Other Breast Procedures

Nipple discharge and fluid filled cysts are two common breast abnormalities that often require evaluation and treatment.

Some of the same techniques and equipment used in diagnosing cancer-related abnormalities are used to perform a ductogram and cyst aspiration.

Diagnosing noncancerous breast conditions

Ductogram

This is a special type of mammogram used for imaging the breast ducts to aid in diagnosing the cause of abnormal nipple discharge. Nipple discharge can be caused by non-cancerous tumors or cancerous tumors; however, the majority are benign.

The ductogram procedure takes 30 minutes to one hour.

The radiologist applies manual pressure to the duct to cause discharge. Once the duct with discharge is determined, a contrast dye is injected so detail can be seen.

The contrast helps enhance the image of the duct during mammography, which will help locate the origin of the abnormal discharge.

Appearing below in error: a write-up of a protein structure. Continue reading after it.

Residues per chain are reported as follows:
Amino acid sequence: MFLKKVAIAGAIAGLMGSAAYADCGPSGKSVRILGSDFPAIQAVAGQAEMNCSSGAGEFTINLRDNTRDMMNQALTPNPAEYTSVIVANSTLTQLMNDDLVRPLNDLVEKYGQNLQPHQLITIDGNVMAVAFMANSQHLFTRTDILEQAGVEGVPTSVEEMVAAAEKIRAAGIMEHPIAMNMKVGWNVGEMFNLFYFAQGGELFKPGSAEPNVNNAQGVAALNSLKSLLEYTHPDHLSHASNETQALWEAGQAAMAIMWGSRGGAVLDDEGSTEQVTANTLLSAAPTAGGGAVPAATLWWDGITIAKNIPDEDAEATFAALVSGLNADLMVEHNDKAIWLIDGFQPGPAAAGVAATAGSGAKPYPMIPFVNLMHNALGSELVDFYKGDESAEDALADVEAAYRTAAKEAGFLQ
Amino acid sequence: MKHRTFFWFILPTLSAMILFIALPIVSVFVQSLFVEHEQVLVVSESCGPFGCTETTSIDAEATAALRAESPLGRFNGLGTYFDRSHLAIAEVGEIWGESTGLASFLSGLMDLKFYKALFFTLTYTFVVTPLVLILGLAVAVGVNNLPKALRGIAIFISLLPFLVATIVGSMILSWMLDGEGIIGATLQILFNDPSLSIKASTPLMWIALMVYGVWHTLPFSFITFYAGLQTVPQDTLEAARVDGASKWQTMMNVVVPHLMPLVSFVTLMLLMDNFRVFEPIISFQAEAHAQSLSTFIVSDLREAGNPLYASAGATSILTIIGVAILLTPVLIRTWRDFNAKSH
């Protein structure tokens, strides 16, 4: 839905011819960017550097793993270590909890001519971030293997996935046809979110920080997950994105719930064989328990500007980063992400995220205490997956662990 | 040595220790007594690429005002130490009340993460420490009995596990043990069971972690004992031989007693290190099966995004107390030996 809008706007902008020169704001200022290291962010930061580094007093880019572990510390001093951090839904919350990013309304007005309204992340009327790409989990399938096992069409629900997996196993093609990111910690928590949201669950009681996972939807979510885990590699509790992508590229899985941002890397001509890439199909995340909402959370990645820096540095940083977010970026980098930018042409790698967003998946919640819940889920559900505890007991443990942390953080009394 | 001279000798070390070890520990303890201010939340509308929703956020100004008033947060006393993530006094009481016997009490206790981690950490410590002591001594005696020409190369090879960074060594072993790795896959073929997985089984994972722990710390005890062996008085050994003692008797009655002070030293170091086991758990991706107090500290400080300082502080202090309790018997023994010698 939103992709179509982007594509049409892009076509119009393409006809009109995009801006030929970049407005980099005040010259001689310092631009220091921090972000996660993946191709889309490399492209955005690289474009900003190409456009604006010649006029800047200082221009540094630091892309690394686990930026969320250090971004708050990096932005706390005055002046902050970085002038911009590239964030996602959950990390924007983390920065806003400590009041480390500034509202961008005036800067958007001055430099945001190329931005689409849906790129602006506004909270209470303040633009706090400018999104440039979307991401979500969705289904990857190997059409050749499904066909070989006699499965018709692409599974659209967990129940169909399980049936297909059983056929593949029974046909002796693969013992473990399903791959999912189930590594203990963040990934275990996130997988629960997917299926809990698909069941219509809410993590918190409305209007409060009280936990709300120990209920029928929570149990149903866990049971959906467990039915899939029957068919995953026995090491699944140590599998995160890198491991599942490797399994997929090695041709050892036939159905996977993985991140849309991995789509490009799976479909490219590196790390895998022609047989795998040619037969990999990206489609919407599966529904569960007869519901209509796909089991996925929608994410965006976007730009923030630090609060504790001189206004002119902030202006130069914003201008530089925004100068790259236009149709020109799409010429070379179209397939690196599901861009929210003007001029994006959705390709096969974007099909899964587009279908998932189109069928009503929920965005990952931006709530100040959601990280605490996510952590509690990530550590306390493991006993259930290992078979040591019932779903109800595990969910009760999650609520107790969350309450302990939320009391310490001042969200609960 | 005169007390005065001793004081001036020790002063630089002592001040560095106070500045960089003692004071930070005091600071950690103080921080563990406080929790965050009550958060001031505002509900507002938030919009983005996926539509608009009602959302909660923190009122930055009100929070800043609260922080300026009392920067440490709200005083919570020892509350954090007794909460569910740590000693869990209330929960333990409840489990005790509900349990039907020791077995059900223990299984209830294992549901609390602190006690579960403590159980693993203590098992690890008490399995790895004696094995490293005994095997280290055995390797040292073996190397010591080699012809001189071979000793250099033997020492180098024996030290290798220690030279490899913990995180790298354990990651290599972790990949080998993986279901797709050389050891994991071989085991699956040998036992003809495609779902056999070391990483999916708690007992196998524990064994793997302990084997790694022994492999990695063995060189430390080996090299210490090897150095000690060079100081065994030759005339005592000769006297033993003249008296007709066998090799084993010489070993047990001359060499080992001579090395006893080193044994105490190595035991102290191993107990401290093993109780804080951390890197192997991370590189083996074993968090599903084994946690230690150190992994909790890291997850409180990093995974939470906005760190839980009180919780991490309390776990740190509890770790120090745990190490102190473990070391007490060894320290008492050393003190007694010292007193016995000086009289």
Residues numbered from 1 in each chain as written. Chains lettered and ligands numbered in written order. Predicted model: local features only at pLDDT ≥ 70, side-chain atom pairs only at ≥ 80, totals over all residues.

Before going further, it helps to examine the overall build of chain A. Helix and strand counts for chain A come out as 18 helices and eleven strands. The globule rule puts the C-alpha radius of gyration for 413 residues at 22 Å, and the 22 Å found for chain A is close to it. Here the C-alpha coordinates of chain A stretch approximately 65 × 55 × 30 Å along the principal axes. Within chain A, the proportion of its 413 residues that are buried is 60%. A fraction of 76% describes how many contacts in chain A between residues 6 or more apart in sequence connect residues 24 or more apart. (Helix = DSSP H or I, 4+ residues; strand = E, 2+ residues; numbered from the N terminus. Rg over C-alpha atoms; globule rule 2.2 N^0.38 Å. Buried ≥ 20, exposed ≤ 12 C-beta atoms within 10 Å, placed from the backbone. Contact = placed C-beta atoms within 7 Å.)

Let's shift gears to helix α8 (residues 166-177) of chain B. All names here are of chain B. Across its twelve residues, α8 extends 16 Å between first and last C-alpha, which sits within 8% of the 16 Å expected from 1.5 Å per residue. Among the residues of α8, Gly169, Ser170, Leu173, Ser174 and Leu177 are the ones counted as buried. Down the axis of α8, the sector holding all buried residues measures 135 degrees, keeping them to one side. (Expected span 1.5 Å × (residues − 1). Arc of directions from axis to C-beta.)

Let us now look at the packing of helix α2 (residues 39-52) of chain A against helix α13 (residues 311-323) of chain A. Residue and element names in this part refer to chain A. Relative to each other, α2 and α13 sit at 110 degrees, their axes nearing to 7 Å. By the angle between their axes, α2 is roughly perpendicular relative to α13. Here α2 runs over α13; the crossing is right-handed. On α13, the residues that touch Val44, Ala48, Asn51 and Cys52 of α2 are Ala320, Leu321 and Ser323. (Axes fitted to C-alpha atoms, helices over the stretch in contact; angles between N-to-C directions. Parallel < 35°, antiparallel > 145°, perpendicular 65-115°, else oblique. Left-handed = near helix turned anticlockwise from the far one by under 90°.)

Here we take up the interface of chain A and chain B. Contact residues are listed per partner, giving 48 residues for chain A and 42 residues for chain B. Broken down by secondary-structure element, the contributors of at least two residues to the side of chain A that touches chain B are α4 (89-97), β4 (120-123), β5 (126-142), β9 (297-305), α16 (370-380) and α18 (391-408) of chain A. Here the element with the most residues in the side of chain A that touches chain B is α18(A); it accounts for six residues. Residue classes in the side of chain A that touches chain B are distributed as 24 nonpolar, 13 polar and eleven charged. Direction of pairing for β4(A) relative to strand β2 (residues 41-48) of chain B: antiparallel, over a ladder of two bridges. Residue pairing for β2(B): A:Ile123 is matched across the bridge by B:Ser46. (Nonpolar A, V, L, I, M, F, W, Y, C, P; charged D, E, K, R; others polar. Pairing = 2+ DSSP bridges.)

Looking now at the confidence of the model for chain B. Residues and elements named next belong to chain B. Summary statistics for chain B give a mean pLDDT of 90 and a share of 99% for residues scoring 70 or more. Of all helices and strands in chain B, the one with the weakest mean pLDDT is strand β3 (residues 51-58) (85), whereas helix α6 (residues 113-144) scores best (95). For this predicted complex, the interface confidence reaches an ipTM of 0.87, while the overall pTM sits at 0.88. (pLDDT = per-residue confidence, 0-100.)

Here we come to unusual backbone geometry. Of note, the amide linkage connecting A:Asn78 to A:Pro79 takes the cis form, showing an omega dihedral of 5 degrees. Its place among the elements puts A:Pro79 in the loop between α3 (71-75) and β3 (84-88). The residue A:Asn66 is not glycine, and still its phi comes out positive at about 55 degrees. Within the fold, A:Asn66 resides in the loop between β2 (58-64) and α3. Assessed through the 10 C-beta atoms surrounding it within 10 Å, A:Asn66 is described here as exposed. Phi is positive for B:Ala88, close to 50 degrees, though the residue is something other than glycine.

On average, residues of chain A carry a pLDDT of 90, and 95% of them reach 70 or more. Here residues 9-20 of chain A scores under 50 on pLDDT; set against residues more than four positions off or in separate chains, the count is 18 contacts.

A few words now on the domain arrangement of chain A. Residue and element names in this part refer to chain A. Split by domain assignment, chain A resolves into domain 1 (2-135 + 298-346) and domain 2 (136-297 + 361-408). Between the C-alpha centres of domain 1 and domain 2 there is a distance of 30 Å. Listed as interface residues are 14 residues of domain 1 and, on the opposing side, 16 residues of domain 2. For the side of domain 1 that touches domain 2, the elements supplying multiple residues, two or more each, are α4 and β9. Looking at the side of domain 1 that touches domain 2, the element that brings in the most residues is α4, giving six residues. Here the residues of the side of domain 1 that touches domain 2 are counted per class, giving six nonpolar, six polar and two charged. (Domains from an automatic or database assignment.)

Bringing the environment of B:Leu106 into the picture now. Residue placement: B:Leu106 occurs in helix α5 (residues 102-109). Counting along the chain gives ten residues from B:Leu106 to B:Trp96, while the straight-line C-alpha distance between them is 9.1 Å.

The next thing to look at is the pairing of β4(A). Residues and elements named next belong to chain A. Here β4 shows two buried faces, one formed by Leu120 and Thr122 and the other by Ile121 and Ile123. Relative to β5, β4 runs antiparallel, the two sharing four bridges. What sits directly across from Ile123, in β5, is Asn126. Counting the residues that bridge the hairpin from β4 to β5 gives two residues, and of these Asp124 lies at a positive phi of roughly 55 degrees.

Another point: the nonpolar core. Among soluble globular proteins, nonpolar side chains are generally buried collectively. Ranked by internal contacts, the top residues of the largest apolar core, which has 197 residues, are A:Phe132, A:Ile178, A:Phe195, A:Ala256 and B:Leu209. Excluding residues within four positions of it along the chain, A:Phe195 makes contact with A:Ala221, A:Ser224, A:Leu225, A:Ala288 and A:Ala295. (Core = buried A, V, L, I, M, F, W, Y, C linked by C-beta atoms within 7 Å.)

Cyst aspiration

This is a procedure that uses a thin needle on a syringe to draw fluid and/or cellular material from a breast cyst. Cysts are the most common cause of breast masses felt by premenopausal women over 40 years old.

A cyst aspiration is done when the cyst is painful or complex, to make sure it isn't solid.

For the procedure, you will undress from the waist up and lie on your back. Using ultrasound guidance, the radiologist inserts a needle into the lump and the contents will be drawn out.

The procedure takes only a few minutes.

The skin can be numbed if you would like.